Cell-to-cell variation in gene expression

In development, heterogeneity helps give rise to the diverse cell types in the body. Our hypothesis is that this structural feature of cell populations arising in development may be co-opted by cancer to form persister cell states that resist therapy. Gene expression variability has previously been attributed to “noise,” or random variation. Yet, not all genes show variable expression, with many stably expressed across populations. We combine bioinformatic analysis of single cell expression datasets with targeted experimental cell biology to understand what gives rise to gene expression variation at the single cell level. We focus on mouse embryonic stem cells as a model system. Our current focus is on studying enhancers, non-coding RNAs, transcription factors, and how regulatory circuits are wired to give rise to heterogeneity. Other projects focus on variation in cancer cell states, particularly in melanoma.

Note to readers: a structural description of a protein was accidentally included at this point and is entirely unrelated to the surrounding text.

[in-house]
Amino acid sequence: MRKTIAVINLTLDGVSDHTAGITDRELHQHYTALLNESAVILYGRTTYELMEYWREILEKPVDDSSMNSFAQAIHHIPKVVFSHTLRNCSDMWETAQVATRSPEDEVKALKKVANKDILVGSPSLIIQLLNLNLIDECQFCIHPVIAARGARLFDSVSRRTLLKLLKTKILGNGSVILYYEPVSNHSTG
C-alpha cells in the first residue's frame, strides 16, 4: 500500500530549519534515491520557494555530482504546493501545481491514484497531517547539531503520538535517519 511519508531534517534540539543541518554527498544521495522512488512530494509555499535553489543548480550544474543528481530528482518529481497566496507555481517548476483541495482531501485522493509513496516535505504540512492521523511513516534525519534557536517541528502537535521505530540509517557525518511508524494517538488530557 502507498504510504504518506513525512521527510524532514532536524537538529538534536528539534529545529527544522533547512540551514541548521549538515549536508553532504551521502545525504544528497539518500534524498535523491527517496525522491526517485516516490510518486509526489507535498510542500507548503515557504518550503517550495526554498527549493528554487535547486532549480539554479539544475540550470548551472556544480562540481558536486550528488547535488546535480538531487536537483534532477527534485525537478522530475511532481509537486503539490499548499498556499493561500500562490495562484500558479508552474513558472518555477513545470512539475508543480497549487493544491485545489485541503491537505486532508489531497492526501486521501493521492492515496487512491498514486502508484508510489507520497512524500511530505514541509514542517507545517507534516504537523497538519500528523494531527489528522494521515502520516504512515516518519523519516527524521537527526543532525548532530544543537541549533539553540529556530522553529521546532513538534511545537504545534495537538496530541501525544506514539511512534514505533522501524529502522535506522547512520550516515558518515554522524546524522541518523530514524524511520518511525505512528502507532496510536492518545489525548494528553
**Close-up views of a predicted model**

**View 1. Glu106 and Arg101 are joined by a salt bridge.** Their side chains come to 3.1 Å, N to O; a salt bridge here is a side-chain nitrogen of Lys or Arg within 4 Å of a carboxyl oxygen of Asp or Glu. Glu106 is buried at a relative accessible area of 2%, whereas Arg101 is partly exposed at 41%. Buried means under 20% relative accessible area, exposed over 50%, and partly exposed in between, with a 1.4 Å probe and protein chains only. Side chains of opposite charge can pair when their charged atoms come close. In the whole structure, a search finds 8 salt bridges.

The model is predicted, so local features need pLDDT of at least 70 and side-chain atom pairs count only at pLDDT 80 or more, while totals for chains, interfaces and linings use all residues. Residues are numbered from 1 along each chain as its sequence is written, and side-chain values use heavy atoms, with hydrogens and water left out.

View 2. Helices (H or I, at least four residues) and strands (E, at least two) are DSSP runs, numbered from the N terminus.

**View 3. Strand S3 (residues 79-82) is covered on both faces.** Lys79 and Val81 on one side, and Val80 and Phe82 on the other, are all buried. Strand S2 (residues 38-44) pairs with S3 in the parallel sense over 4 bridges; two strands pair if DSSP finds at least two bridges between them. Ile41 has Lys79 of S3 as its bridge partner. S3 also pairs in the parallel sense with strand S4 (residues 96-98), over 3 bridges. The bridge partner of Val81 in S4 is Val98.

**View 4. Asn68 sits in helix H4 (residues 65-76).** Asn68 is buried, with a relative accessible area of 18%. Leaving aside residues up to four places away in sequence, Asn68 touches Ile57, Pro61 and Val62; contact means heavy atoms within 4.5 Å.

Many genes such as the pluripotency regulator Esrrb show a broad range of expression, with some cells expressing little to no gene product and other cells expressing much larger amounts.  In contrast, Gapdh shows relatively uniform expression across cells.  Reproduced with permission from Garg & Sharp, Science 2016. Data plotted from Kumar et al, Nature 2014 and Klein et al, Cell 2015.